Benjamin graham is considered as the dean of value investing. Warren buffet was graham’s student and considers him as his mentor. Buffett’s followed graham’s approach to value investing in the early part of his career. However later, he expanded on graham’s approach and started focussing on the quality of the business too.
Graham’s approach is basically picking stocks which are statistically cheap. What that means is that the stock is cheap based on various quantitative measures such as mcap being less than Net current assets, or the stock is selling for less than cash on books. The disadvantage of this approach is that you may end up buying some complete dogs which are cheap for a reason. The underlying business would be going downhill and so the value is just an illusion.
Graham understood this and he circumvented it by diversifying. So the key point in building a portfolio of cheap graham style stocks is to diversify the holding. It makes sense to hold 15-20 stocks at a time and to keep selling the stocks when they reach 80-90% of intrinsic value and to replace them with other cheap issues.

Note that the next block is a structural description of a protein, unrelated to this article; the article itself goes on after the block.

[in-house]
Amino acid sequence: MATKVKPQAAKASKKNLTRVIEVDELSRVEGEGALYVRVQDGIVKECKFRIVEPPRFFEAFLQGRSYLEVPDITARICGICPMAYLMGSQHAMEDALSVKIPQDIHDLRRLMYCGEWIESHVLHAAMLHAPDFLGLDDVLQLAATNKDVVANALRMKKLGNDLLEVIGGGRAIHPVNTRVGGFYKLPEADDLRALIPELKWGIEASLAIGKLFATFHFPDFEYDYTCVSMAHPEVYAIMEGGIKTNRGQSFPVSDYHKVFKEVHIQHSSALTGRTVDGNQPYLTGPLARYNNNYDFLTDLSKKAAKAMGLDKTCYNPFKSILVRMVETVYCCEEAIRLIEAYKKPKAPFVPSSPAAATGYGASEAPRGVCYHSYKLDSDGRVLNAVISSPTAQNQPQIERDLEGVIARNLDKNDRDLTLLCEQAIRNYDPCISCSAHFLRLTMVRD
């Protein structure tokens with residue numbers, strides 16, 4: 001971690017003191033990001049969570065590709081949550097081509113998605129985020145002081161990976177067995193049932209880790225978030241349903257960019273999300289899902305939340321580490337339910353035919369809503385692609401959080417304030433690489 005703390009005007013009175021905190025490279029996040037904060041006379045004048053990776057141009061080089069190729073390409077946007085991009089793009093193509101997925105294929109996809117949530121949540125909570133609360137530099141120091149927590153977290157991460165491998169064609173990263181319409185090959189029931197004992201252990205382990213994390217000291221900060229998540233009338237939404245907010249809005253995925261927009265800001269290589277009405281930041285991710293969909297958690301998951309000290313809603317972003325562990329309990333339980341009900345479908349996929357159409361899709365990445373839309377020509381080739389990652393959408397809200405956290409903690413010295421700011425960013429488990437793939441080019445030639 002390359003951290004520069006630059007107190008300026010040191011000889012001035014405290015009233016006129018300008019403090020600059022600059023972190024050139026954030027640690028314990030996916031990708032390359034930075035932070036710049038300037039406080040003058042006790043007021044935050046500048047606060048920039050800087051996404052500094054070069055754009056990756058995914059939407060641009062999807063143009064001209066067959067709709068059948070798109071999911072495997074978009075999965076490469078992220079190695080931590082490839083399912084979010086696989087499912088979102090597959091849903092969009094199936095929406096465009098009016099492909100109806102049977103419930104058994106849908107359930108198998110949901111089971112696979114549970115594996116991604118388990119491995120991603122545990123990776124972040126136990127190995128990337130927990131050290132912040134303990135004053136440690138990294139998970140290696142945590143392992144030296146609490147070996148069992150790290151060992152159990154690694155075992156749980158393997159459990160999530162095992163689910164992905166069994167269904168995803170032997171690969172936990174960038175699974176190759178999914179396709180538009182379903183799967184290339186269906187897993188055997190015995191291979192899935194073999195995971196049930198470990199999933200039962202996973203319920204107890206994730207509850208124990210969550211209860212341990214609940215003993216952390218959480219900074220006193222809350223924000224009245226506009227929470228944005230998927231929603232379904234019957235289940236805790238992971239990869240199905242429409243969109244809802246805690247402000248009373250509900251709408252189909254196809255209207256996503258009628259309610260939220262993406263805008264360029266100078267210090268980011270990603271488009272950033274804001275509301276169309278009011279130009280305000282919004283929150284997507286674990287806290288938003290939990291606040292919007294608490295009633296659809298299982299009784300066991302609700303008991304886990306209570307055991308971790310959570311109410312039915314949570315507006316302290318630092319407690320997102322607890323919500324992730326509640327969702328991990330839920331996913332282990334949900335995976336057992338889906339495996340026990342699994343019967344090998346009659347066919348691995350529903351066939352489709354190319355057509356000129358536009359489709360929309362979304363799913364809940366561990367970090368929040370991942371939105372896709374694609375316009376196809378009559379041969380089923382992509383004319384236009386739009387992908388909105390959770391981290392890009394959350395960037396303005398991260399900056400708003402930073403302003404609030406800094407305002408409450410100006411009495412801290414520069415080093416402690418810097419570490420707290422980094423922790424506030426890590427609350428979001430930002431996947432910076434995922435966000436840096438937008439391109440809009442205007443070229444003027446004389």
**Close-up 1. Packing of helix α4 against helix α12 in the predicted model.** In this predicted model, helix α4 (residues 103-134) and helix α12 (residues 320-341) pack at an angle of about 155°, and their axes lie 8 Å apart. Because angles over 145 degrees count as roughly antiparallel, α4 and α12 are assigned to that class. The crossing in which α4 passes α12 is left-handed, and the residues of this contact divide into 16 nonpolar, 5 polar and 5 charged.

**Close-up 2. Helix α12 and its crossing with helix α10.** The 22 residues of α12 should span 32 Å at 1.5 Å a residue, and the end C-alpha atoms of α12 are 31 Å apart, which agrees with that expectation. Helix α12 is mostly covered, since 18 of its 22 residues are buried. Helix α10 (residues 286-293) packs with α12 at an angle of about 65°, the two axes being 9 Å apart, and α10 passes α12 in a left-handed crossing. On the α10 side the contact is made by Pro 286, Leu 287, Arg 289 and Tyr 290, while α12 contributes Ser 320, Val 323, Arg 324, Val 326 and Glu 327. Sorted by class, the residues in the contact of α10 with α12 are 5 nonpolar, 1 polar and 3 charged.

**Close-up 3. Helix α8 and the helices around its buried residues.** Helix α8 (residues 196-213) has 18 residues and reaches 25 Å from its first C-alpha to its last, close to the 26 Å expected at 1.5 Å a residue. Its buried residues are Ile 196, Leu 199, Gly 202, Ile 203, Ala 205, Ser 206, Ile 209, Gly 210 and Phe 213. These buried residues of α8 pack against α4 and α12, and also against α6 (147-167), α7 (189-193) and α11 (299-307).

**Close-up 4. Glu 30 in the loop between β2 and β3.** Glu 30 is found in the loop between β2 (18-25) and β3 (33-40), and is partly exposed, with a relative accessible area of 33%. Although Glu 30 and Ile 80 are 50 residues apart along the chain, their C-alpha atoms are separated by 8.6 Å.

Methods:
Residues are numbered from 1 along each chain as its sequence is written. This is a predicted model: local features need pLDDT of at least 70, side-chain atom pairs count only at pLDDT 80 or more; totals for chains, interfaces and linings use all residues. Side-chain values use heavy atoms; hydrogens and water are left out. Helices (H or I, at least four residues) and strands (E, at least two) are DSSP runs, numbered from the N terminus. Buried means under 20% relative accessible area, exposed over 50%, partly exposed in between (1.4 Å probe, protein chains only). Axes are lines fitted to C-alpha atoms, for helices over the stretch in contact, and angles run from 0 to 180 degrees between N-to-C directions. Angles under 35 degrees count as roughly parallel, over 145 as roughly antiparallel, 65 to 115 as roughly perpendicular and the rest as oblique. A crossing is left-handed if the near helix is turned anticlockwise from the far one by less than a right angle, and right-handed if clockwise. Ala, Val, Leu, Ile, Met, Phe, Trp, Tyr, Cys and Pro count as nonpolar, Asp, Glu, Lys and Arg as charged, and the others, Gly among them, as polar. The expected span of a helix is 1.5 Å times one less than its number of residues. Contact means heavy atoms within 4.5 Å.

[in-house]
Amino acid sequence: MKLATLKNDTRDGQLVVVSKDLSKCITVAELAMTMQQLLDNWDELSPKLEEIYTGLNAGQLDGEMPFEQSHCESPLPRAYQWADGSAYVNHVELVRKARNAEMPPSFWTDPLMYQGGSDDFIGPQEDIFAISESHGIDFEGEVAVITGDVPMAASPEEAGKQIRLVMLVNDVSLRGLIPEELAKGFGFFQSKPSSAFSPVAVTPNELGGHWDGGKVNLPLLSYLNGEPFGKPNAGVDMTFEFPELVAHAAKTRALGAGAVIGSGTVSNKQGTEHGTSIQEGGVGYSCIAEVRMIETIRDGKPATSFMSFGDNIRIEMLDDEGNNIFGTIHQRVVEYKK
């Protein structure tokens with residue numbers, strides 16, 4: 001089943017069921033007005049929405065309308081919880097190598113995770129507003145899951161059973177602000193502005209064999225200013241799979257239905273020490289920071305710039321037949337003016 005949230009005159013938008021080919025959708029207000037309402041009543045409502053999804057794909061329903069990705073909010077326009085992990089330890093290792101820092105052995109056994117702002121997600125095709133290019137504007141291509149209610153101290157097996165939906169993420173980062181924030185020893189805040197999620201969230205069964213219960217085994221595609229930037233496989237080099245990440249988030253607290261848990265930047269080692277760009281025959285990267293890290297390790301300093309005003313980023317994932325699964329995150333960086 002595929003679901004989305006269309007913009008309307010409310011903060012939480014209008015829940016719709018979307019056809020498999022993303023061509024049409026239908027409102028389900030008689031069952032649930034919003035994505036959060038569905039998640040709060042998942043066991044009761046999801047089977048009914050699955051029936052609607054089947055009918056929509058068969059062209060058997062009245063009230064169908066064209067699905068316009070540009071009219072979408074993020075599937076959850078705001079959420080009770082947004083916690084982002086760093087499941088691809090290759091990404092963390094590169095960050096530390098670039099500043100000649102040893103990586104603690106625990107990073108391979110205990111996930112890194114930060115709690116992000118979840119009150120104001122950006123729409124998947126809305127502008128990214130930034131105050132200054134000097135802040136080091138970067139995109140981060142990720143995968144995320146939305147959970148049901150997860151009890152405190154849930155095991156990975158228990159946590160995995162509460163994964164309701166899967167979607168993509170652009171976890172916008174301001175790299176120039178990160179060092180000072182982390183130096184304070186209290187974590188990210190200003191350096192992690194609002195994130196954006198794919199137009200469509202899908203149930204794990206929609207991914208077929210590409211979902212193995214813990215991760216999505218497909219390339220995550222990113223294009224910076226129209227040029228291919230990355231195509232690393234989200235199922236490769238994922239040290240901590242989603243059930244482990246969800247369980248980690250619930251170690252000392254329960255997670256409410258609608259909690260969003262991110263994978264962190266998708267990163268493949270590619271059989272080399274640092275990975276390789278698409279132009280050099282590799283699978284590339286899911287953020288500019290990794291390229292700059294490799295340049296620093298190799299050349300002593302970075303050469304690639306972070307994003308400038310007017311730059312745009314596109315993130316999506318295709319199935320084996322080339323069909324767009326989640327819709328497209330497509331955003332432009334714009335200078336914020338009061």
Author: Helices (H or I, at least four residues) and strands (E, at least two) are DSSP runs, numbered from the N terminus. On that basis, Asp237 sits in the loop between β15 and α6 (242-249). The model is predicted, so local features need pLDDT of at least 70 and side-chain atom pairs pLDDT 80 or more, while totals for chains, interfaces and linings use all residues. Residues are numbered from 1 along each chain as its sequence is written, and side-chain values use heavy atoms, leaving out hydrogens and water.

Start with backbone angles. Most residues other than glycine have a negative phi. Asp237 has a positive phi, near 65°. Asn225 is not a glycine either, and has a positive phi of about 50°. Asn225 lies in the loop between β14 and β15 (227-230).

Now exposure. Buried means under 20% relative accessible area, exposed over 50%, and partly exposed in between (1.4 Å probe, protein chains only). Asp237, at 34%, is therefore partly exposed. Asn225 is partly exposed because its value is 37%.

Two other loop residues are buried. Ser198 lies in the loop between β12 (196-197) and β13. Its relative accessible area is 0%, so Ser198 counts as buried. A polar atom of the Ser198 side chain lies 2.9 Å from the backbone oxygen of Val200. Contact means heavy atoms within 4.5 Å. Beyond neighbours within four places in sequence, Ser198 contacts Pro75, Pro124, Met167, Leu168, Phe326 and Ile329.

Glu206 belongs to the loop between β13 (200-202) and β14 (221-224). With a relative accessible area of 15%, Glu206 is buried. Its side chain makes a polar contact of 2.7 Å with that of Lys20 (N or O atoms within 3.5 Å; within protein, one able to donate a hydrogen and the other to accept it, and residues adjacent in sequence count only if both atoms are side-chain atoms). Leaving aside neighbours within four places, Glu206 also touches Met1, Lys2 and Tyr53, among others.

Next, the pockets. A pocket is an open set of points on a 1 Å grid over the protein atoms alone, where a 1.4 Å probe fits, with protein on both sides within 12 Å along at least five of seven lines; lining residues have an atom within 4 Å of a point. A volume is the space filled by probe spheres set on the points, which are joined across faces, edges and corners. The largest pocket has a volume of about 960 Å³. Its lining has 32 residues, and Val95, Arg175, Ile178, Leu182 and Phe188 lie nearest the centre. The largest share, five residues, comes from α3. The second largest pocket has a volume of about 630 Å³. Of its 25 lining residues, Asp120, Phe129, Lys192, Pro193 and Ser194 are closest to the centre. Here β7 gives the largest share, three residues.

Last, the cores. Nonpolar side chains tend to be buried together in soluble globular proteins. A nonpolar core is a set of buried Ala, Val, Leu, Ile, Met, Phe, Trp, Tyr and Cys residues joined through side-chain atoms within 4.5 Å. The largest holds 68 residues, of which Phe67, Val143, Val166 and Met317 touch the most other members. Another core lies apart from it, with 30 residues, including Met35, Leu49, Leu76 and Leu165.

With the current drop, I can see more of such opportunities coming up. The last time I saw such an opportunity was in 2002-2003 time frame.
The initial filter criteria I am using is as follows
Mcap less than 500 crs
Debt / equity ratio less than 0.5
No loss in the preceeding 5-6 years
PE less than 7
ROE atleast 8-10%
I have been developing a list of such ideas and have loaded a list of possible ideas in google groups (stock screen graham). I have holdings in HTMT global, LMW and Denso india. I am still analysing the other stocks in the list and have yet to make up my mind on them.
The key point, and I repeat, is to hold a large portfolio of these stocks via diversification. Some will turn out to be clunkers, but on an aggregate the portfolio should do well.
Now you may have a valid counterpoint – why buy this stuff when there are good companies getting cheap by the day. That is true ..but if like me you also take a long time to analyse each company, then the above mechanical approach is a quick way to assemble a decent portfolio. If you have the cash and the nerve (I could use a stronger word here :) ) to invest when everyone is pessimistic, then the mechanical graham style of investing can be used to quickly assemble a decent portfolio while the opportunity lasts.
Please keep in mind that this list is just raw analysis and not a final list of stocks from which I plan to build my graham style portfolio. I will keep adding and dropping stocks and will upload the revised list when I do so.